FAFSA to see what kind and how much federal aid you’re eligible for. You may be
offered grants, scholarships, work-study programs, and/or loans.
- Apply for a Direct PLUS Loan: If the federal aid offered to
you isn’t enough to cover your tuition costs, apply for a direct PLUS loan as a
graduate student, or ask your parents or guardian to apply for a Parent PLUS
- Consider Cosigned Private Loans: If you or your parents
can’t qualify for a Direct PLUS loan and you need more money for school,
consider asking another creditworthy friend or family member to cosign your
private student loans, which will help you access the lowest rates.
- Compare Private Lenders: If you don’t have a creditworthy
cosigner, look for low credit student loans you can get on your own. These may
include outcomes-based loans or income share agreements. This guide includes
some of the best places to get a student loan with bad credit. Prequalify with
a few private lenders to get an idea of the cost of borrowing.
- Formally Apply: Choose the private student loan lender that
best meets your needs and fill out a formal application. If the application
requires a hard credit check, you’ll notice a small dip in your credit score.
How to Build or Improve Your Credit Score for a Student Loan
If you or your parents have bad credit or no credit history,
there are a few things you can do to improve your chances of qualifying for a
- Get a Credit Card and Use it Responsibly: If you have a
friend or family member with good credit, you can ask to be added as an
authorized user to benefit from their credit history. If not, apply for a
starter credit card of your own. If you’re already enrolled in school, a
student credit card might be your best bet. Otherwise, a secured credit card
can be a good option. Just be sure to make some purchases with your credit card
and pay your bill on-time and in-full every month.
- Consider a Credit Builder Loan: With a credit-builder loan,
you’ll deposit money into a savings account and receive a lump sum equal to the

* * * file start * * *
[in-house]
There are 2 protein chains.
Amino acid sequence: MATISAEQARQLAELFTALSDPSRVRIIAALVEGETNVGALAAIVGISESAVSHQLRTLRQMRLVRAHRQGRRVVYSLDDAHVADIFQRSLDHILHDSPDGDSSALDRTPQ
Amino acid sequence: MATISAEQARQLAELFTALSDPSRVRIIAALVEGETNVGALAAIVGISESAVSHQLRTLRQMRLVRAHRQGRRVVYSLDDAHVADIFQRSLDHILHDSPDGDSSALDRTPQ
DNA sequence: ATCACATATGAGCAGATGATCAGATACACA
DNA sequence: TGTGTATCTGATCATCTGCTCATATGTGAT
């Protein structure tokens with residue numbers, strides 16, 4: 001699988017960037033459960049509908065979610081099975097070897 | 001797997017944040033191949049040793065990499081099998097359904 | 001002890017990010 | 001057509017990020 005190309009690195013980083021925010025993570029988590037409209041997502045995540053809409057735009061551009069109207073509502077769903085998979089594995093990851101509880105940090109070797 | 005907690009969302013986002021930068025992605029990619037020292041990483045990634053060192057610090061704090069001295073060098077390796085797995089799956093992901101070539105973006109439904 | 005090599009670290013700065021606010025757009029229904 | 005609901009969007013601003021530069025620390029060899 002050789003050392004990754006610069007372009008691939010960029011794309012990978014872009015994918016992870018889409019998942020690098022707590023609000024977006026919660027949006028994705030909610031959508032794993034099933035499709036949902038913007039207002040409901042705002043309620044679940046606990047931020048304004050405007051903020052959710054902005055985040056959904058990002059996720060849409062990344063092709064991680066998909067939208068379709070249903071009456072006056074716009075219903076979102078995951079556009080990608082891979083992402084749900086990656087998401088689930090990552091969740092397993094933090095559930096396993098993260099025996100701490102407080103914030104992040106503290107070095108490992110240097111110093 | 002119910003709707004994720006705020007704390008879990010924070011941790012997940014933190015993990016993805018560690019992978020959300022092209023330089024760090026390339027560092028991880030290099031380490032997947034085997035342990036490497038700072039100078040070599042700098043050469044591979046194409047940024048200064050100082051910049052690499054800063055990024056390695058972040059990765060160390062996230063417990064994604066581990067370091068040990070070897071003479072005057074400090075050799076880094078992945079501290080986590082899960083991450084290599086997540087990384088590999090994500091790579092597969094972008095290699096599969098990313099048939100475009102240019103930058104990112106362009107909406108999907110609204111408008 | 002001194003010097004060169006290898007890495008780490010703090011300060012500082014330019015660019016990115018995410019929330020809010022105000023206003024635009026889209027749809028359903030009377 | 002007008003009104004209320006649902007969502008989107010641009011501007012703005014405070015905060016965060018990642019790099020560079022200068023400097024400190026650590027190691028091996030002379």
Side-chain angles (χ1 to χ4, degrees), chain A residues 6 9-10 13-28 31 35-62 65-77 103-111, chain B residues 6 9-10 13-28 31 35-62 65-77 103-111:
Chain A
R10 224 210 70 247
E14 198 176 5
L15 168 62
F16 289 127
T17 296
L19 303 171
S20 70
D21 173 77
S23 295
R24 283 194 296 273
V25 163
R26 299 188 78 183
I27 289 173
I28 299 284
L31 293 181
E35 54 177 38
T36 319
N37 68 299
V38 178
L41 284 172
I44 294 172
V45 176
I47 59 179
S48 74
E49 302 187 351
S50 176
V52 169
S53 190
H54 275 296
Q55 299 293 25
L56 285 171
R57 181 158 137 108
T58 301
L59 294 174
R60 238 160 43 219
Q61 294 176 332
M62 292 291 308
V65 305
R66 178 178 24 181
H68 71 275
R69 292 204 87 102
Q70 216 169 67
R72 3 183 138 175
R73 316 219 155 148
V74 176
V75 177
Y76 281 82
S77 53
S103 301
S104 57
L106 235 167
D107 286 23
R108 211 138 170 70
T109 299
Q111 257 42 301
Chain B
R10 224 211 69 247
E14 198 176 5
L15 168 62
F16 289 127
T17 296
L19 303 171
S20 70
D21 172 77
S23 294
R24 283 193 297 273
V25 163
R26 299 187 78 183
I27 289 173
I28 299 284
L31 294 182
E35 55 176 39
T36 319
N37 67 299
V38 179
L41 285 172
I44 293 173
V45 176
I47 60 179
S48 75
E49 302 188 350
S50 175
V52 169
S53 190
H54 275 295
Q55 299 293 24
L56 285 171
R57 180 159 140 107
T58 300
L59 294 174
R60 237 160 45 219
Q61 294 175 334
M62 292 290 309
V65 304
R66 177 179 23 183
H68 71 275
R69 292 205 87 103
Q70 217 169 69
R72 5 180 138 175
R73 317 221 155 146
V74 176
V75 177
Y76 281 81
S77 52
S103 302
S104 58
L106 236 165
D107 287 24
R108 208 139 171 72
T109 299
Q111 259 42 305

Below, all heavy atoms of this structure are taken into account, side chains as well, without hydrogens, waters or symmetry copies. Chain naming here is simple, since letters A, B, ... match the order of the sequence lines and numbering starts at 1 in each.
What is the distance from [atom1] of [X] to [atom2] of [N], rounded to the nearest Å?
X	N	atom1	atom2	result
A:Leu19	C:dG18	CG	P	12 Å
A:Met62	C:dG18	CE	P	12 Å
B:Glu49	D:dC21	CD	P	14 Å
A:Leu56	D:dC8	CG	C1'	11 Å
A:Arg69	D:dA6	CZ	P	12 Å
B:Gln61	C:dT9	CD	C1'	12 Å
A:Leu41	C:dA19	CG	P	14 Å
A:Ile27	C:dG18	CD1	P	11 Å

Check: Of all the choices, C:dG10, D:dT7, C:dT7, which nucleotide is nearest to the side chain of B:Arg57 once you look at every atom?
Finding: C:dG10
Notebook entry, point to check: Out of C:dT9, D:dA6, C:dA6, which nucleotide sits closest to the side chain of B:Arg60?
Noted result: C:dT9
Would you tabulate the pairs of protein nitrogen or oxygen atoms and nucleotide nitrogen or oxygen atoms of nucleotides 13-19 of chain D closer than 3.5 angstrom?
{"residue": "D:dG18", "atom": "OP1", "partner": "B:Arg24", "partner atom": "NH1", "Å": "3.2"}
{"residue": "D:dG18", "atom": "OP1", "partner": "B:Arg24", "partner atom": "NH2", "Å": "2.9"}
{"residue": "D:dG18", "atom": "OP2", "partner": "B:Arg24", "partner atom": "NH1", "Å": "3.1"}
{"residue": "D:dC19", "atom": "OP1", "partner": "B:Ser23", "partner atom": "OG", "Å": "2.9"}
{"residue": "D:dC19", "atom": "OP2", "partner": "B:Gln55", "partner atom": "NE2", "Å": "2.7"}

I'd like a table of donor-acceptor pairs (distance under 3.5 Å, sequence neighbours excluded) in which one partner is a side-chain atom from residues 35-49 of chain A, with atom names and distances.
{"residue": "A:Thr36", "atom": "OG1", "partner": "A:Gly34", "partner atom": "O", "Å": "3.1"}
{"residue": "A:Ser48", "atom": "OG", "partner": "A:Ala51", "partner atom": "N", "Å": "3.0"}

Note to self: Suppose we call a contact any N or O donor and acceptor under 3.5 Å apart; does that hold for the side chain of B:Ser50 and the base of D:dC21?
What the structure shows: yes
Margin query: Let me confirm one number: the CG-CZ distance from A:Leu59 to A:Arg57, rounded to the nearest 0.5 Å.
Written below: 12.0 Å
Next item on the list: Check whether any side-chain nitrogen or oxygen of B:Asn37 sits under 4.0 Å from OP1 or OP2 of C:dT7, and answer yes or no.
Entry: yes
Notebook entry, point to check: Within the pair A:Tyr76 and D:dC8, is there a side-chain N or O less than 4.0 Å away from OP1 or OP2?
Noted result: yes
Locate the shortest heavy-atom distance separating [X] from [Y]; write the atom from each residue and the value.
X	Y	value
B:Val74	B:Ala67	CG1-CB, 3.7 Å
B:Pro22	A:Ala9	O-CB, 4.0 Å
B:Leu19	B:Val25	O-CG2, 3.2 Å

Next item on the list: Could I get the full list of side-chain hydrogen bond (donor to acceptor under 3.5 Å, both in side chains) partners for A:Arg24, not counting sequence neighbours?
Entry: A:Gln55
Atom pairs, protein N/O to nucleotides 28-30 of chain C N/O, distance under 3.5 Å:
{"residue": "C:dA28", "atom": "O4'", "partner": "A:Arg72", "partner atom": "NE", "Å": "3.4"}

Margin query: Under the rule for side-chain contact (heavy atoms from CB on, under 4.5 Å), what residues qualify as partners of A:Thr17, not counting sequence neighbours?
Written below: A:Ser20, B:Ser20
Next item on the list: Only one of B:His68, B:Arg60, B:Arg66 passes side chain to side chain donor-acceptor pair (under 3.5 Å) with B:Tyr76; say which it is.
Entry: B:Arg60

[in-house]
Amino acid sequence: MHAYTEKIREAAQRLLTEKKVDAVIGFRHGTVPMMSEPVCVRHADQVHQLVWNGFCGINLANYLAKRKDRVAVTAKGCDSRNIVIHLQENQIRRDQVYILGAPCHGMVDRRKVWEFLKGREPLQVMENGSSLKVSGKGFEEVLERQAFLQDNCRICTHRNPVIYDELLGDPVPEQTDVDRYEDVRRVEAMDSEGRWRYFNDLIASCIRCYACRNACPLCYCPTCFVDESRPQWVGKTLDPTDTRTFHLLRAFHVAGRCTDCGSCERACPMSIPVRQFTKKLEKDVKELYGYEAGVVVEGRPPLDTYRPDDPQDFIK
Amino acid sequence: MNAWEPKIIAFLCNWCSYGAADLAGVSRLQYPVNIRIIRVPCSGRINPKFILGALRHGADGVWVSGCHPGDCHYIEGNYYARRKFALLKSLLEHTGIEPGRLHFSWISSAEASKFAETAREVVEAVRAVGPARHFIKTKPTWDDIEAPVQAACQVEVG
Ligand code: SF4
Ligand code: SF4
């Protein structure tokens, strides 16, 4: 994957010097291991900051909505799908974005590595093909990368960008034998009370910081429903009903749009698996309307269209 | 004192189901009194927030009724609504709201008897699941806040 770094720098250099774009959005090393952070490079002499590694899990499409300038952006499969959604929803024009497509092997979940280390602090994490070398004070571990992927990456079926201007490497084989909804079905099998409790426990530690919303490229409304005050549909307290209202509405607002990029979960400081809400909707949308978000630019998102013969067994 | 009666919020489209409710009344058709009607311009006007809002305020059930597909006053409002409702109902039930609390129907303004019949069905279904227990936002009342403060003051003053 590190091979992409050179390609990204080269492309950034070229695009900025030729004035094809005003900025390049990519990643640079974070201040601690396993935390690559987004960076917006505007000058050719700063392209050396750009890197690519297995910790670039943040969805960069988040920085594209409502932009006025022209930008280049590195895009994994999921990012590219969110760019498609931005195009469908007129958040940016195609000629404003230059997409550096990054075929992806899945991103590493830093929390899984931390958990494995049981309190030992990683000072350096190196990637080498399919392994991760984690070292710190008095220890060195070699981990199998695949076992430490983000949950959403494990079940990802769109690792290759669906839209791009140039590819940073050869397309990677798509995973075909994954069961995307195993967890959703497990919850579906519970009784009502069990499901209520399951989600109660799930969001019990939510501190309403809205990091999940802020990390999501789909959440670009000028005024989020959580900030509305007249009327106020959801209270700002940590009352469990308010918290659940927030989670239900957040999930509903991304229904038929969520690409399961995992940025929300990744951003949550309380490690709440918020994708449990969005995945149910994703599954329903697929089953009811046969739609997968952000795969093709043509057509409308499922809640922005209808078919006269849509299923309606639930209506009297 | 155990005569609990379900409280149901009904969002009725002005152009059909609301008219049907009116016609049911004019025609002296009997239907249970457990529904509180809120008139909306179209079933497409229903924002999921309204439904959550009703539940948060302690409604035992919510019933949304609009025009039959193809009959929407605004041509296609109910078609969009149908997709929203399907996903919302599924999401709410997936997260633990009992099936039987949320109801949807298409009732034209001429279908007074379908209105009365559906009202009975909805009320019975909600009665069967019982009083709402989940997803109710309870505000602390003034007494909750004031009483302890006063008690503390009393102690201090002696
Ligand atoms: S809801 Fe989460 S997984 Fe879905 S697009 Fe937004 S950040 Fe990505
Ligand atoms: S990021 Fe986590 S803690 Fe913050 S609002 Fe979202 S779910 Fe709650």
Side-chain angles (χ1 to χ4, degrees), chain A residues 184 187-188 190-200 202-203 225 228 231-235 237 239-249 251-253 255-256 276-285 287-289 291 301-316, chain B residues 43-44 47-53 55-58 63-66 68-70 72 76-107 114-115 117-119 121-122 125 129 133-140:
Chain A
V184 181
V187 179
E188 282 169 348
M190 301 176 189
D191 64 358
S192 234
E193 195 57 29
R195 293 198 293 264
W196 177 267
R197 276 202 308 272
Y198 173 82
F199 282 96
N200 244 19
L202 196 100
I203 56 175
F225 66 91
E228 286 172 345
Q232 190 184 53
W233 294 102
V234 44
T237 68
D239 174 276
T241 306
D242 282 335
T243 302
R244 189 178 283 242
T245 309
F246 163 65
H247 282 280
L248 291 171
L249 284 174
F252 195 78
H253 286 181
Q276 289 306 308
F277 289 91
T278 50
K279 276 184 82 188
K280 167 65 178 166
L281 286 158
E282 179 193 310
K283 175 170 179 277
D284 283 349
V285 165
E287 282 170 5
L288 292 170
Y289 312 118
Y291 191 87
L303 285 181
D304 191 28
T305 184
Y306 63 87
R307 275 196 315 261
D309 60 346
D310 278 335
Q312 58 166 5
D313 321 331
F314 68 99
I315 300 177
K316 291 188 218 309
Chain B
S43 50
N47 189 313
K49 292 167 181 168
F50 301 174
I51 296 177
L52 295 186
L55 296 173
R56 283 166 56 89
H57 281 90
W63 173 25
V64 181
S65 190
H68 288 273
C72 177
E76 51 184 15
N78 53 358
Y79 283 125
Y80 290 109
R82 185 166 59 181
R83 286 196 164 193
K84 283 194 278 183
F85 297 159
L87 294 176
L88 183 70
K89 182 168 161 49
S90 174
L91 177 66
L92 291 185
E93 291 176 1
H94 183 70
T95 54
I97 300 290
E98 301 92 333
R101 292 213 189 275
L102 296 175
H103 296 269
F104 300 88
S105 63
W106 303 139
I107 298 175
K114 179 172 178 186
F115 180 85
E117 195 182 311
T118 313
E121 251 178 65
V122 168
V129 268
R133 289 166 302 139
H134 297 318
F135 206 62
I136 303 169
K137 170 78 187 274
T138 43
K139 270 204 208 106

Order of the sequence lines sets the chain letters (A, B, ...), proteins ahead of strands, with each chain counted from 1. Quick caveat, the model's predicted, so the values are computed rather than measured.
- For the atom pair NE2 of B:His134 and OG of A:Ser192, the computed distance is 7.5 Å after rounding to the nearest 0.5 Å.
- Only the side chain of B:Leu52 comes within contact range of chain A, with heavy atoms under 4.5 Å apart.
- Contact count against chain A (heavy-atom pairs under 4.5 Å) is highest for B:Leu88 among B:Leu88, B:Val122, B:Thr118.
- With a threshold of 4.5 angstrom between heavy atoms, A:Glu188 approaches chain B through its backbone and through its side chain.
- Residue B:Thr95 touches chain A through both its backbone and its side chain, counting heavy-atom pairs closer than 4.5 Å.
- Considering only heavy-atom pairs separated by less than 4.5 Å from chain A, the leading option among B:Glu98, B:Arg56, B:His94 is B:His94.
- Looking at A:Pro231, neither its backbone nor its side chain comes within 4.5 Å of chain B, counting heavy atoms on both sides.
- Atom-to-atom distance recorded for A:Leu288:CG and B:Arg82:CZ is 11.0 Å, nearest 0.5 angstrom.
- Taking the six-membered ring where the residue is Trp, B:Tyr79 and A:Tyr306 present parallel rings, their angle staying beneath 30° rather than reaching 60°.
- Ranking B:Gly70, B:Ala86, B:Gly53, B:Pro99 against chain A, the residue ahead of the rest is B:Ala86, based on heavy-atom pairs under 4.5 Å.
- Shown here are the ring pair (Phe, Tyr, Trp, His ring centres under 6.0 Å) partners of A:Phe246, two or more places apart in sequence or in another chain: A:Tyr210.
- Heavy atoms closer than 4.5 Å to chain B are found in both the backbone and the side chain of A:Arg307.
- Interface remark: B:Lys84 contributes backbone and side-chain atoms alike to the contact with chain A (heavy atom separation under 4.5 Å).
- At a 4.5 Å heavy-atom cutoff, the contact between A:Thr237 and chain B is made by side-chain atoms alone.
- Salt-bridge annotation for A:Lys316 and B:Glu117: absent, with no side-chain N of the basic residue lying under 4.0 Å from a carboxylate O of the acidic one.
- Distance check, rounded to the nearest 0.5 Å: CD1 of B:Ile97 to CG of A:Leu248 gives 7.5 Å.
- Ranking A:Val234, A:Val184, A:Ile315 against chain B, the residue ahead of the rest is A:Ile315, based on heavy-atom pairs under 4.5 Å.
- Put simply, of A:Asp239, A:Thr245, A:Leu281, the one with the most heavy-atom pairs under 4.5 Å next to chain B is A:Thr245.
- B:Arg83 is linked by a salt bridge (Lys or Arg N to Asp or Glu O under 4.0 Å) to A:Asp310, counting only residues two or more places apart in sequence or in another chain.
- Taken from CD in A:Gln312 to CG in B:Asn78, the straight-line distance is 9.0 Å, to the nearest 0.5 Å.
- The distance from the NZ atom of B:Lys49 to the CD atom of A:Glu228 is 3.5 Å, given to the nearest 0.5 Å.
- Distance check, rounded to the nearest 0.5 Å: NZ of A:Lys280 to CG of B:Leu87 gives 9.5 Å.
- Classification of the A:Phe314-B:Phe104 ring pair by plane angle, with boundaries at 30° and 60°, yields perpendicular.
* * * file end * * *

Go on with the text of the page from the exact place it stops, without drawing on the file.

balance. You typically can’t access the money in the account until you’ve
repaid the loan completely. As you make on-time payments, your lender will
report them to the three major credit bureaus, and that positive history will
improve your score.
- Monitor Your Credit Report and Dispute Errors: You should
check your credit regularly, not only to track your progress, but also to
dispute errors, which may include accounts that aren’t yours or incorrectly
- Settle Accounts in Default or Collections: You can offer to
settle your debt for less than you owe, but make sure the collections agency
agrees the debt is fully paid in writing. While older scoring models still
count paid collections against you, scores generated by newer models may
improve. You can also negotiate paying a charge in default in exchange for the
lender removing the mark on your credit report.
- Pay Off Debt: The more you can reduce your debt balances,
the more you’ll improve your credit utilization ratio, which is an important
factor in calculating your credit score.
- Utilize Available Tools: If you have no credit, use products
like Experian Go, which can help you establish a credit history, and Experian Boost, which gives you credit for on-time utility payments and more.
Searching for a student loan can seem overwhelming if you
don’t have a credit history, especially if your parents also have bad credit.
Credit issues can be an obstacle, but you shouldn’t give up on getting your
degree, because there are options available. Depending on your needs and where
your credit stands, you may be able to get a loan with a cosigner, apply for an
outcomes-based loan, or participate in an income-share agreement. Make sure you
understand the terms of the options available to you so you can make the best
choice for your situation.